Suppose we have a vertical stack of $n$ distinguishable coins, each of which is either heads-up or tails-up. Let a shuffle be the following procedure: divide the stack at will into a top- and bottom-stack, and simply rotate the entire top stack $180^\circ$ as a unit. Thus, for $1\le k\le n$:

$$\underbrace{x_1,...,x_{k}}_{\text{top stack}},\underbrace{x_{k+1},...,x_n}_{\text{bottom stack}} \\ \downarrow\\ \overline{x_k},...,\overline{x_{1}}, x_{k+1},...,{x_{n}}$$

where each $x_i$ is either $H_i$ or $T_i$, and

$$\overline{x_i} = \begin{cases} H_i, & \text{if }x_i = T_i \\ T_i, & \text{if }x_i = H_i. \end{cases} $$

Since there are $2^n$ conceivable unsubscripted $H/T$ sequences, and there are $n!$ ways to append the subscripts to each, there are $n! \cdot 2^n$ conceivable ways to arrange the stack.

Is it the case that, for any $n$, all of these conceivable arrangements are reachable by repeated shuffling (no matter what the initial arrangement)?


3 Answers 3


Yes, you can get all of them. It suffices to show that you can get any desired coin to the bottom in either orientation, since you can then manipulate the rest of the stack without affecting the bottom coin and so build the desired sequence from the bottom up. But this is easy: any coin can be brought to the top in at most one move, where it can be flipped if necessary before the stack is inverted to bring it to the bottom.



We know that if we can swap any two adjacent items (without any other changes) and do this repeatedly then we can get all permutations. And if we can flip any single coin (without any other changes) and do this repeatedly then we can get all arrangements of heads and tails.

To flip coin $x_n$, first rotate the top $n$ coins, so $x_n$ is now on top. Then rotate only the top coin so it is flipped, then rotate the top $n$ coins. $x_n$ will then be in its original place, flipped, while no other coin is changed.

To swap two adjacent coins, rotate from the top of the stack to the lower coin, so those two coins are now on top. Then rotate those two coins, so they are both swapped and flipped. Then flip each of those coins, as in the previous paragraph. Then rotate coins again to get those two back to their original position.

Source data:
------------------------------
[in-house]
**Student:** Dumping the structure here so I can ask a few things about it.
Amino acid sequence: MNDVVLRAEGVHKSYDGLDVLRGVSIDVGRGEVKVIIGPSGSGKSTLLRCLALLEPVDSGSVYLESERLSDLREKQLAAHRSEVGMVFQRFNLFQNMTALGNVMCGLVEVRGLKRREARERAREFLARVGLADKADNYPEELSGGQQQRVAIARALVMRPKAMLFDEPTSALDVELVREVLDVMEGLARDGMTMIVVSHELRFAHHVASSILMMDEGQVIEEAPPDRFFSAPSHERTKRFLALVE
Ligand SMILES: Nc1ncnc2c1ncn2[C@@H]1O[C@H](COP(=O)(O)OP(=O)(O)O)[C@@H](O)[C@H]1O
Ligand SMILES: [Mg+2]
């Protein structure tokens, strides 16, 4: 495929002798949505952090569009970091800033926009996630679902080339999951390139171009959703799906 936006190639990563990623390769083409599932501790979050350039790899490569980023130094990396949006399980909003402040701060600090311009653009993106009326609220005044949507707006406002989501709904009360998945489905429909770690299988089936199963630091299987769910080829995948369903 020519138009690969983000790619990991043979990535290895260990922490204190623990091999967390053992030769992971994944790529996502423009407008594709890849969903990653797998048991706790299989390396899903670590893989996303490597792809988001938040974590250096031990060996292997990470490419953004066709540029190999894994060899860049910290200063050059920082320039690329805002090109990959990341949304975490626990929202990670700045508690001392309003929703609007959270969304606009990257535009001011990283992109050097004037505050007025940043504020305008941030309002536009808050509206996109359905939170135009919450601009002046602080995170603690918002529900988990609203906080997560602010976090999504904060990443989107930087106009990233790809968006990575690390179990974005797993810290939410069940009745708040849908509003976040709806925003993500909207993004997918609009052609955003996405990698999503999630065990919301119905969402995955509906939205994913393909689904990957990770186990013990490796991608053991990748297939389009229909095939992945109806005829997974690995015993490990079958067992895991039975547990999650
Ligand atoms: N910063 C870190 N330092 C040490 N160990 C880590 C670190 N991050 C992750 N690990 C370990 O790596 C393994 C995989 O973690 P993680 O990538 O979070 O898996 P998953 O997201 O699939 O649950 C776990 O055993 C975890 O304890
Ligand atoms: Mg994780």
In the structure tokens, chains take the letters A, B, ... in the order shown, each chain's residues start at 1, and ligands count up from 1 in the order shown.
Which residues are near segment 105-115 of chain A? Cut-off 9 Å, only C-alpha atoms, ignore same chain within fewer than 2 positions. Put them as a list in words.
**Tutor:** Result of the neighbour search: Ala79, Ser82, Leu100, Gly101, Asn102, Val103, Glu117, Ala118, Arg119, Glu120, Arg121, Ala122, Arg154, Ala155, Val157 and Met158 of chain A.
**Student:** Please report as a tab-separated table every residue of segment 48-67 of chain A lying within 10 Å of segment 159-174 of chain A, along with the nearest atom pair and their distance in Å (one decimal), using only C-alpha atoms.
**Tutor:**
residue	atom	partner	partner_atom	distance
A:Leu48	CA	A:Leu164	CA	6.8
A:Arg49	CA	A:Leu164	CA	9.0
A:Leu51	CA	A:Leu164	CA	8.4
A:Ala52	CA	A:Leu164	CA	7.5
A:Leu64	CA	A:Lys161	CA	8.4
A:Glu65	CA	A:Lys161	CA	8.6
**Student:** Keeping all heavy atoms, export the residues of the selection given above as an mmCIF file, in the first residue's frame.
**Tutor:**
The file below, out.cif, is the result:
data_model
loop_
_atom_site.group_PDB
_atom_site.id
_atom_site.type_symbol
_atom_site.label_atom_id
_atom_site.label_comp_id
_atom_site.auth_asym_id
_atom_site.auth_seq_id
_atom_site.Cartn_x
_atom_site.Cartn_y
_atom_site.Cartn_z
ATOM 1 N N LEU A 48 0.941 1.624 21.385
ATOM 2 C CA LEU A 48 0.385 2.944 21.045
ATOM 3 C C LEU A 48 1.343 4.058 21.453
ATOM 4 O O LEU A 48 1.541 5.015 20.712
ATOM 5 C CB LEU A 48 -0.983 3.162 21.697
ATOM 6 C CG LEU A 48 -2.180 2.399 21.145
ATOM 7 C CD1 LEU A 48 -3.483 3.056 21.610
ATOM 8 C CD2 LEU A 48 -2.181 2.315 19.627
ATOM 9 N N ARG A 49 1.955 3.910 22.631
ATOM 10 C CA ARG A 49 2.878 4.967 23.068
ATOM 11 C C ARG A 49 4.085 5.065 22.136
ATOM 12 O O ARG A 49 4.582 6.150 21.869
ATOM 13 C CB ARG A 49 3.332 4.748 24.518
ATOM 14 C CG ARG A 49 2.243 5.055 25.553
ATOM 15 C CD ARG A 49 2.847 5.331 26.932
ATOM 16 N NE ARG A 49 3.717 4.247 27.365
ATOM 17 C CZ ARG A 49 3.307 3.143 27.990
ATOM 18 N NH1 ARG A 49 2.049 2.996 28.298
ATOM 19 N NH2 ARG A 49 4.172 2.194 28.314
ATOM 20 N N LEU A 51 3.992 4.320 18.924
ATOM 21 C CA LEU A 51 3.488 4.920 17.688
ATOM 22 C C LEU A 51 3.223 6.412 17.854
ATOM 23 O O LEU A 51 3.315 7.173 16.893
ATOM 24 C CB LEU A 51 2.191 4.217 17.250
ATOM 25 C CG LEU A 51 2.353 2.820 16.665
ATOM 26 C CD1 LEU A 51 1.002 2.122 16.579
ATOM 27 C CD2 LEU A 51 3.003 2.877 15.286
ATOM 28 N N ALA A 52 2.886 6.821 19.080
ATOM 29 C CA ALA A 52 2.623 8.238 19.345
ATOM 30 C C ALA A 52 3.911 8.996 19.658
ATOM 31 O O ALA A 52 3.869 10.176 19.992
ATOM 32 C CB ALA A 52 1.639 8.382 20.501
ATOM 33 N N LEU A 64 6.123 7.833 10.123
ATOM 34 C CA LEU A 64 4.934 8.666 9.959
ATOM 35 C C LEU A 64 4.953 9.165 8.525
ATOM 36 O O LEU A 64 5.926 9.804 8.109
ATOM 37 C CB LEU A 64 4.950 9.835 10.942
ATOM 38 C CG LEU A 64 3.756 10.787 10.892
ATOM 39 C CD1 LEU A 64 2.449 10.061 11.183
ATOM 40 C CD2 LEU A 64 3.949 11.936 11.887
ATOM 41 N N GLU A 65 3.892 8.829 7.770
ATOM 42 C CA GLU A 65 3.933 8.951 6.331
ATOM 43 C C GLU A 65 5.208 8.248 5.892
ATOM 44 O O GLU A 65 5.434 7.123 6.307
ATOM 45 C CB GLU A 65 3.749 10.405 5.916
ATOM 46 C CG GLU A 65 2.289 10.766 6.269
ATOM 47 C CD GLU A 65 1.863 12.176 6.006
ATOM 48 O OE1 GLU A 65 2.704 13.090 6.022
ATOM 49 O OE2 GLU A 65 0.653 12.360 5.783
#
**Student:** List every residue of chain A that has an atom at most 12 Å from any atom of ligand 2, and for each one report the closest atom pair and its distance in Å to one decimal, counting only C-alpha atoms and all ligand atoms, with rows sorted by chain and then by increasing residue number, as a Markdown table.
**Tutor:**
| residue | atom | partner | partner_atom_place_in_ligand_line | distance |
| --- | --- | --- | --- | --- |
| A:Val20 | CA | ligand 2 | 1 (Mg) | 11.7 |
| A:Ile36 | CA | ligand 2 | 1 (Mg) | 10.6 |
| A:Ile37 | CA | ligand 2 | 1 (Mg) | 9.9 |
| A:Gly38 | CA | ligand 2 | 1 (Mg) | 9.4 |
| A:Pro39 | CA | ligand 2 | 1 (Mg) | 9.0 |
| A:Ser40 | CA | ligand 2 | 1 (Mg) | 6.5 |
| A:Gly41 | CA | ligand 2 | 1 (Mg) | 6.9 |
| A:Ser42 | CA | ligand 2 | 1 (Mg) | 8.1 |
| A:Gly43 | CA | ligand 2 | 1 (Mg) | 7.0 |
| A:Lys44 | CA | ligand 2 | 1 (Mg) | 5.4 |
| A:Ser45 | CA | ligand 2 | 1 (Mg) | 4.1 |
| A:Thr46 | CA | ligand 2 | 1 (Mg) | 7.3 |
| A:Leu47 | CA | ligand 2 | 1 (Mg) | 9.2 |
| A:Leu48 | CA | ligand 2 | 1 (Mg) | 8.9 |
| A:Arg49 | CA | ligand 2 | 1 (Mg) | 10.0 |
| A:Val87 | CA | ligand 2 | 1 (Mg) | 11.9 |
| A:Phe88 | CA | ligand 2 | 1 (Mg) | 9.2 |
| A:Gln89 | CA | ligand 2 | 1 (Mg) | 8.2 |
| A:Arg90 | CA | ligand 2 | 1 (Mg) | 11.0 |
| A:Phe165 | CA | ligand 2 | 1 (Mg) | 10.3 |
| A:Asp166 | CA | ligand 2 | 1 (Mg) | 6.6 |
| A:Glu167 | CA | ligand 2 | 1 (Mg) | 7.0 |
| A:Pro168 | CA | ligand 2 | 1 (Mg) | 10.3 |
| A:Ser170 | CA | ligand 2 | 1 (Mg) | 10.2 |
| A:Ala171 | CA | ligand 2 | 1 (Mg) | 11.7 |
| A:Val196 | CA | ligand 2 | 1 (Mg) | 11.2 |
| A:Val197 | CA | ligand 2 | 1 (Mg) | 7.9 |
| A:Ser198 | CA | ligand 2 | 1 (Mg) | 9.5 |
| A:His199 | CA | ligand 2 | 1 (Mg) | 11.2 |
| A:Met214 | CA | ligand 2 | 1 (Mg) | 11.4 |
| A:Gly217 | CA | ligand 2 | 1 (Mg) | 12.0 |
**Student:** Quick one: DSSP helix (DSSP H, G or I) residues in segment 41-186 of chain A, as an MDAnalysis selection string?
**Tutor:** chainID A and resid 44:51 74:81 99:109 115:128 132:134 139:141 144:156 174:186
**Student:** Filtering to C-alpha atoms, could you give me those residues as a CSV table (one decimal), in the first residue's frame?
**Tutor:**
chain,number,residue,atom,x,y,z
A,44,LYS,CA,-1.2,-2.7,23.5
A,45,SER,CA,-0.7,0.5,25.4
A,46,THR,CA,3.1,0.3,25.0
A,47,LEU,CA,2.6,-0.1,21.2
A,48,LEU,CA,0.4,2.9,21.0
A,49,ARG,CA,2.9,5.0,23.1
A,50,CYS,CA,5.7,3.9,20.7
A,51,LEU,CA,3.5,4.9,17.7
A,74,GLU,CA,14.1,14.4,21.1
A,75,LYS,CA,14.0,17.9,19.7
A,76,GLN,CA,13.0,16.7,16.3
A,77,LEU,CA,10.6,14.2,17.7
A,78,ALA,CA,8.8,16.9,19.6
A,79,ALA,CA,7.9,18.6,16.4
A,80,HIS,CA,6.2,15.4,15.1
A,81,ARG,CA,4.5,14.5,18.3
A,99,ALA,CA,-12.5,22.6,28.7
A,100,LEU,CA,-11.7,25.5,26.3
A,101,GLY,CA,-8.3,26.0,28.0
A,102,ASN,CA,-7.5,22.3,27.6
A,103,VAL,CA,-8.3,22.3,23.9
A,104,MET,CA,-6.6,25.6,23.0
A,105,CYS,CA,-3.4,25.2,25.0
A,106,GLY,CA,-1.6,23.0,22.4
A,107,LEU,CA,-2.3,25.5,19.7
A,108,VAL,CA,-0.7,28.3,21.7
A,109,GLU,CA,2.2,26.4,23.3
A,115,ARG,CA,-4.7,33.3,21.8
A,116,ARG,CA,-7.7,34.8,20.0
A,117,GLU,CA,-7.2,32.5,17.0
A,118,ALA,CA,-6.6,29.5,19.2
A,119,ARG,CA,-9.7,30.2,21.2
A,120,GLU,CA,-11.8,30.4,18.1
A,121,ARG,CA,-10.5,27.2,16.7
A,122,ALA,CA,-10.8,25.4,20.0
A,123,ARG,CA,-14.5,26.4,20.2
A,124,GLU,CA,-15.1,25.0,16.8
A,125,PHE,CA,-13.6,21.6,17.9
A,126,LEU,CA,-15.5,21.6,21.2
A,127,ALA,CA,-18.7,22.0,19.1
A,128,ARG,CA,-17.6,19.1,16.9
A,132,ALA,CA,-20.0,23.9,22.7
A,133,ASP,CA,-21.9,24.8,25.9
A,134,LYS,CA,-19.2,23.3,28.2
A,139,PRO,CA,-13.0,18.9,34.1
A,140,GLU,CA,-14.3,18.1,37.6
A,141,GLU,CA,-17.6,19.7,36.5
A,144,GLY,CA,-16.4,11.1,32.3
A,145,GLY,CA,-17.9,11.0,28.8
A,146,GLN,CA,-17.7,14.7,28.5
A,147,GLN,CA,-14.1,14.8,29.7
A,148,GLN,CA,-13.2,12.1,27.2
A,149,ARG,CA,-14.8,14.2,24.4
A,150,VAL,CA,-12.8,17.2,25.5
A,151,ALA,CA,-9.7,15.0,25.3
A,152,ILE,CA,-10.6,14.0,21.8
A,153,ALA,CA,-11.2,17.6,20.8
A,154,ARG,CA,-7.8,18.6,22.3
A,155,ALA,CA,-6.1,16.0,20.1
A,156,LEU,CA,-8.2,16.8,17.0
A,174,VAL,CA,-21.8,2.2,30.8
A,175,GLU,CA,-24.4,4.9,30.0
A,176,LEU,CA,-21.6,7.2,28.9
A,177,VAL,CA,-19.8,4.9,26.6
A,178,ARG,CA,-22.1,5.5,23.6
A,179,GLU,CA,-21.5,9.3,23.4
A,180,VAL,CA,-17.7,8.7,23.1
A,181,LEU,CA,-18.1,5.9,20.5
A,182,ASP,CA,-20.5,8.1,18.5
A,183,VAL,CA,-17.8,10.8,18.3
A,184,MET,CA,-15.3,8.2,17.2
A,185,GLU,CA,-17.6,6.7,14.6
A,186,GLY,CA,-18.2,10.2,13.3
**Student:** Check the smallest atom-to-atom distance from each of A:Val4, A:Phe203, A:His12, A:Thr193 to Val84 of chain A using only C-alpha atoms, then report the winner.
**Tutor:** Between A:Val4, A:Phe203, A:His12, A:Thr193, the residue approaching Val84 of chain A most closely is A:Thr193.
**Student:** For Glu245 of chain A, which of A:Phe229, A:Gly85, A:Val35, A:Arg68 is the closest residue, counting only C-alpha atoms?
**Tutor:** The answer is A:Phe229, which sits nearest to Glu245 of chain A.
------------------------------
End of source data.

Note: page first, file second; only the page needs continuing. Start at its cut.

Asking whether every arrangement can be reached is the same as asking whether every arrangement can be sorted (into a certain given configuration, such as having the subscripts in ascending order and all coins heads-up).

Other posters have pointed out that this is possible. The question of how to this efficiently is known as the "Burnt Pancake Flipping Problem". You (a waiter) have a stack of pancakes of all different sizes, but they're out of order--you want to sort the pancakes in order by size, so the biggest one is on the bottom, followed by the next-biggest, and so on. The only operation available to you is to take a spatula, insert it somewhere into the stack, lift the stack of pancakes above the spatula, invert it, and replace it.

Further, one side of every pancake is burnt, and (for the sake of presentation) you want to put all the burnt sides face-down. (This corresponds to the Heads/Tails in your coin example.)

Various algorithms have been produced to sort a given stack of burnt pancakes, with the goal of using the fewest flips necessary. Further information:




Why is sorting pancakes NP hard?


FYI, this problem is related to the study of DNA mutation. Also, you might be interested to know that Bill Gates coauthored a paper on the "unburnt" variation of this problem.


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